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Explore the Benefits of Massage Therapy

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When it comes to rejuvenating and therapeutic massages, Ethical Massage Tampa in Tampa, Florida is the expert. Read our blog to learn about the benefits massage therapy. 

5 Side Effects Of Green Tea: From Caffeine Overdose to Dehydration and More

Rosemary Rickard, LMT: Posted 9/22.20 11:10am

Massage Might Lesson Addiction, Overdose, and Suicide in US Veterans

Rosemary Rickard, LMT: Posted on Friday, March 6, 2020 7:52 PM

It found that therapies that are traditionally referred to as complementary health care might have a positive effect on lessening rates of addiction, overdose and suicide among veterans.

The study, “Nonpharmacological Treatment of Army Service Members with Chronic Pain is Associated with Fewer Adverse Outcomes After Transition to the Veterans Health Administration,” focused on the health records of 142,539 U.S. Army service members with chronic pain after deployment to Iraq or Afghanistan between 2008 and 2014.

Study Design

The study compared those who did and did not receive nonpharmacological treatment in the Military Health System (MHS) and analyzed their adverse outcomes after ending active duty and making the transition to the Veterans Health Administration (VHA).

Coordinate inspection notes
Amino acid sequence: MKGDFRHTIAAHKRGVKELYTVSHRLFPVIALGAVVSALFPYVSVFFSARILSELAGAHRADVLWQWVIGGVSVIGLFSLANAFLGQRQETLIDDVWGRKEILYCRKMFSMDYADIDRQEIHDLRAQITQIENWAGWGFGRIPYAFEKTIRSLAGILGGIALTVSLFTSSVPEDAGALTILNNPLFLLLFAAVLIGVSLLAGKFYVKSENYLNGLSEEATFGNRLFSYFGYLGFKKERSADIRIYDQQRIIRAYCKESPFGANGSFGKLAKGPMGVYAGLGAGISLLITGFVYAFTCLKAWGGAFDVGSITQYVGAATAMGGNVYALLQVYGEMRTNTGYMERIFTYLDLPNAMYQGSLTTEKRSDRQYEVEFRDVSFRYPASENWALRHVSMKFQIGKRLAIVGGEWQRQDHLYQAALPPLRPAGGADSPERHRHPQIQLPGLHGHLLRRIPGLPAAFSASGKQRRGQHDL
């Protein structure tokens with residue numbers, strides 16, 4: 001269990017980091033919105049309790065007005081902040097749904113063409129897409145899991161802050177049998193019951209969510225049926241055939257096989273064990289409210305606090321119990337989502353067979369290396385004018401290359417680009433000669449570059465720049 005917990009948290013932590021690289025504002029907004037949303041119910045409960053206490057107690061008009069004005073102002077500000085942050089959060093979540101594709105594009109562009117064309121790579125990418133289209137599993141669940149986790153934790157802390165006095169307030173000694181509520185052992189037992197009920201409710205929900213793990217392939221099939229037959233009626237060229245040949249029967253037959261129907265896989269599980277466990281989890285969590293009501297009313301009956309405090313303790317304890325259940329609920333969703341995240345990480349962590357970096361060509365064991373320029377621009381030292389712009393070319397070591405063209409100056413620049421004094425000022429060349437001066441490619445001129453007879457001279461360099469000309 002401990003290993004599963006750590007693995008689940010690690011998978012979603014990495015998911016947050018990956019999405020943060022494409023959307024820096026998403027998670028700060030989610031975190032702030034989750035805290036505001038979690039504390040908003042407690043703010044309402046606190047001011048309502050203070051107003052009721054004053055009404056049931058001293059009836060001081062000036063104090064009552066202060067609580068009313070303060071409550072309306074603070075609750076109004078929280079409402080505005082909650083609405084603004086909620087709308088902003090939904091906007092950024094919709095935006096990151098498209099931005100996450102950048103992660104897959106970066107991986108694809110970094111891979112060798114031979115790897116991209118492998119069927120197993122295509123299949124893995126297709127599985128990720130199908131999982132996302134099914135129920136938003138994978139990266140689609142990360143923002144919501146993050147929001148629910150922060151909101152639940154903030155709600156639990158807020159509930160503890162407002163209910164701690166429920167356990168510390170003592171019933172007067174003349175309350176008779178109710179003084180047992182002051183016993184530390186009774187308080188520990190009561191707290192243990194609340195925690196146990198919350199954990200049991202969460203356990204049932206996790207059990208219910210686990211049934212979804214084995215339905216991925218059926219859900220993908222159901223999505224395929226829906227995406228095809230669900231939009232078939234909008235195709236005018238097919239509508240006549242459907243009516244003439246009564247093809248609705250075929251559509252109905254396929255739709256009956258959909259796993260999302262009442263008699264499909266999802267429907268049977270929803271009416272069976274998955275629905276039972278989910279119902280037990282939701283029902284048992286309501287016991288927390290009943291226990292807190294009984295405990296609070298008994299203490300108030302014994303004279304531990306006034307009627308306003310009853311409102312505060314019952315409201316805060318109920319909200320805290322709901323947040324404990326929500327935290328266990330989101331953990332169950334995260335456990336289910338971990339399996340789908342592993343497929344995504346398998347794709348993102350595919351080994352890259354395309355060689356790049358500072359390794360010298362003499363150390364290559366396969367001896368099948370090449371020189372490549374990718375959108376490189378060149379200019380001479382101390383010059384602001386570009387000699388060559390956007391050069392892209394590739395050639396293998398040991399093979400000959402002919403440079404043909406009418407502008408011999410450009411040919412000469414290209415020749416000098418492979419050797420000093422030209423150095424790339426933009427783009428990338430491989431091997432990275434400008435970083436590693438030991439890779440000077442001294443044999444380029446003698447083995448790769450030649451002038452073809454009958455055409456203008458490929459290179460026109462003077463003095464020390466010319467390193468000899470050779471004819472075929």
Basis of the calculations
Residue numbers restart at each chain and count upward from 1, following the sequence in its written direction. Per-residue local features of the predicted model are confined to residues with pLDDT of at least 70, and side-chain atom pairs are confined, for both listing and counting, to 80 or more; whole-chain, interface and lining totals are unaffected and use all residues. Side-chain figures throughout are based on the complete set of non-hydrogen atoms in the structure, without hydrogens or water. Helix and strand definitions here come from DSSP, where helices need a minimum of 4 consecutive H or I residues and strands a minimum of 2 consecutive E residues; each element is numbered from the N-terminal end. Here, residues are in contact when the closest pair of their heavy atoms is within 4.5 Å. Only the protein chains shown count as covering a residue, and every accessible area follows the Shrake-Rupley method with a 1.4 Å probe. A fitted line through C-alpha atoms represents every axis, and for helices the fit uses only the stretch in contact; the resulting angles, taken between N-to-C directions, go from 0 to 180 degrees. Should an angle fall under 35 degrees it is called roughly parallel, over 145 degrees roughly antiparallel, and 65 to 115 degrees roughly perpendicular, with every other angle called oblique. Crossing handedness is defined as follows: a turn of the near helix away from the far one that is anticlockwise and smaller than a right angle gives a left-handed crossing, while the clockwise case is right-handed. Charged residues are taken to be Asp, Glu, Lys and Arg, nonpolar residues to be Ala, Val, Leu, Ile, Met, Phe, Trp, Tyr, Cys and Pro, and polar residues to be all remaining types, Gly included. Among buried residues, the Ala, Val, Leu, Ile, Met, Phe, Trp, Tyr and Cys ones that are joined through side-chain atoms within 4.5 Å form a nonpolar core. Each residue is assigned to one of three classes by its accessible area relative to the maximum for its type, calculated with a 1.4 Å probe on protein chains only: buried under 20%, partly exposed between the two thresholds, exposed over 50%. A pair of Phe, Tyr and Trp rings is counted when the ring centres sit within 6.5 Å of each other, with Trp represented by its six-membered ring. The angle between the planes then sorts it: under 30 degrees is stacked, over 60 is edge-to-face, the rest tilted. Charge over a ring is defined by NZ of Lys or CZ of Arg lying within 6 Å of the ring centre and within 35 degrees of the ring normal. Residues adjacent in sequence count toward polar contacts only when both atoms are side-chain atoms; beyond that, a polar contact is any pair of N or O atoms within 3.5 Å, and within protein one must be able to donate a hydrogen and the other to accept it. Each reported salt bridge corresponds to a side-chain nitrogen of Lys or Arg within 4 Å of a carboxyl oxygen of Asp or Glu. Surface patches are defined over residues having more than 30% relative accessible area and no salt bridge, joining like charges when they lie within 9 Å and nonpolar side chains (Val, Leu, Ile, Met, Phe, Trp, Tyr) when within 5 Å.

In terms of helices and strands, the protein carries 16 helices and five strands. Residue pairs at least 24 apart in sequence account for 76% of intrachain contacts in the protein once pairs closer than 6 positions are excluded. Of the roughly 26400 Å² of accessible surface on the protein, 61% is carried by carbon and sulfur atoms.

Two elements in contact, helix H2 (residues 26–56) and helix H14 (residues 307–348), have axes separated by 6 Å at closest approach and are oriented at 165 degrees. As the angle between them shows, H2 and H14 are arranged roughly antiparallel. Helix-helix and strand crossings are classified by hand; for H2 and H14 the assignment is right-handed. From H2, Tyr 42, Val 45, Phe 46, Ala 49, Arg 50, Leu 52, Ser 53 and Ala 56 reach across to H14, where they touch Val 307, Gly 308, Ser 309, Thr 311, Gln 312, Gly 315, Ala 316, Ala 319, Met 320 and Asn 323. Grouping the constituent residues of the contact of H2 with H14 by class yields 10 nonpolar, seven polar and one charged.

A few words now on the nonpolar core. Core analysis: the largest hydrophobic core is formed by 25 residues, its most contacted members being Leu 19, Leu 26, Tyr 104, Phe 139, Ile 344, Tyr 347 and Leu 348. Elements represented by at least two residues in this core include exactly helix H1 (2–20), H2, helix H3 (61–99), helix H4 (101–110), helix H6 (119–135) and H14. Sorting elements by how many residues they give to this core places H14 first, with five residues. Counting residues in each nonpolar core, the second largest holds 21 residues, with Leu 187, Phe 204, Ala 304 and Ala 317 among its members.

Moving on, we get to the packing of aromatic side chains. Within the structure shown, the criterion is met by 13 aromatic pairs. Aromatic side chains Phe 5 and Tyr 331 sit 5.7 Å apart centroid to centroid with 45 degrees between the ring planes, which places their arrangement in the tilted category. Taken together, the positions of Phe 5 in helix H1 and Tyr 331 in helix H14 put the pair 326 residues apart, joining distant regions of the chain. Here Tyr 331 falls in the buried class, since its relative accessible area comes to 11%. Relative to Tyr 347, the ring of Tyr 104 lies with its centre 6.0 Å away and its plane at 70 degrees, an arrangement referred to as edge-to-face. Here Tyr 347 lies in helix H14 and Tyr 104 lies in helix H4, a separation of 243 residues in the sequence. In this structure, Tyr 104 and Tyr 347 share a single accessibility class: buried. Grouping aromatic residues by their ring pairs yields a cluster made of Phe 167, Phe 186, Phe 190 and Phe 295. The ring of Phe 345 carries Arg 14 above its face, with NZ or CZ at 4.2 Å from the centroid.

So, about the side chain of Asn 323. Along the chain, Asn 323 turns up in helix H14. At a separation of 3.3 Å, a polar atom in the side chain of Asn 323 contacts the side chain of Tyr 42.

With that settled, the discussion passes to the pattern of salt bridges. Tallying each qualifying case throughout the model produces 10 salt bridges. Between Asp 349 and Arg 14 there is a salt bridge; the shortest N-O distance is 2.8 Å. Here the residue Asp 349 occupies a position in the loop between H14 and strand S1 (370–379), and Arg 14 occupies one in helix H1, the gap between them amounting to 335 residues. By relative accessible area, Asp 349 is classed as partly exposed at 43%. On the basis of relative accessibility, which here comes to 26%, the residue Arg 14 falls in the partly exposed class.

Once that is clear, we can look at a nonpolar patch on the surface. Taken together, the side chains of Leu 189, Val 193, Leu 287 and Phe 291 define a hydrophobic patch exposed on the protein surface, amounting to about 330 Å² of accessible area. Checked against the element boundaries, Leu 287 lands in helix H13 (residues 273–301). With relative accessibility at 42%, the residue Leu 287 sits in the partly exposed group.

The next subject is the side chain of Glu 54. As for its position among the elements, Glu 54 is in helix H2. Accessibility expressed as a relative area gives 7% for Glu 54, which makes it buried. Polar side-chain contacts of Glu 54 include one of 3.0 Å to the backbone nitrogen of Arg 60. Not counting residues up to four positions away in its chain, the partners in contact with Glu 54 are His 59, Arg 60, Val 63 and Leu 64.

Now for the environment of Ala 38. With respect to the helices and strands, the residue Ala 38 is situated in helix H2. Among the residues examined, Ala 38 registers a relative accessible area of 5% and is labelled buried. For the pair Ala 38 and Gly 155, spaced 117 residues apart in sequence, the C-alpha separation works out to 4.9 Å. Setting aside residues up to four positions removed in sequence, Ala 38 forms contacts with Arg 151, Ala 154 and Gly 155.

The main outcome measure in this study was the risk of adverse outcomes after ending active duty and making the transition to the VHA. The researchers looked at four adverse outcomes, as documented in the VHA health records: “diagnoses of alcohol and/or drug disorders; poisoning with opioids, related narcotics, barbiturates or sedatives; suicide ideation; and self-inflicted injuries including suicide attempts.”

Results of the research showed a significantly lower risk for all four adverse outcomes among veterans with chronic pain who received nonpharmacological treatment during active duty as compared to those who did not.

[Read “Veterans Learn to Reconnect with Meditation, Movement & Massage.”]

NPTs Recommended

“Our results suggest that nonpharmacological treatment provided to active duty service members with chronic pain may reduce their odds of long-term adverse outcomes,” stated the study’s authors. “Given known associations of these adverse outcomes with morbidity and mortality, providing nonpharmacological treatment to service members with chronic pain could potentially save lives.”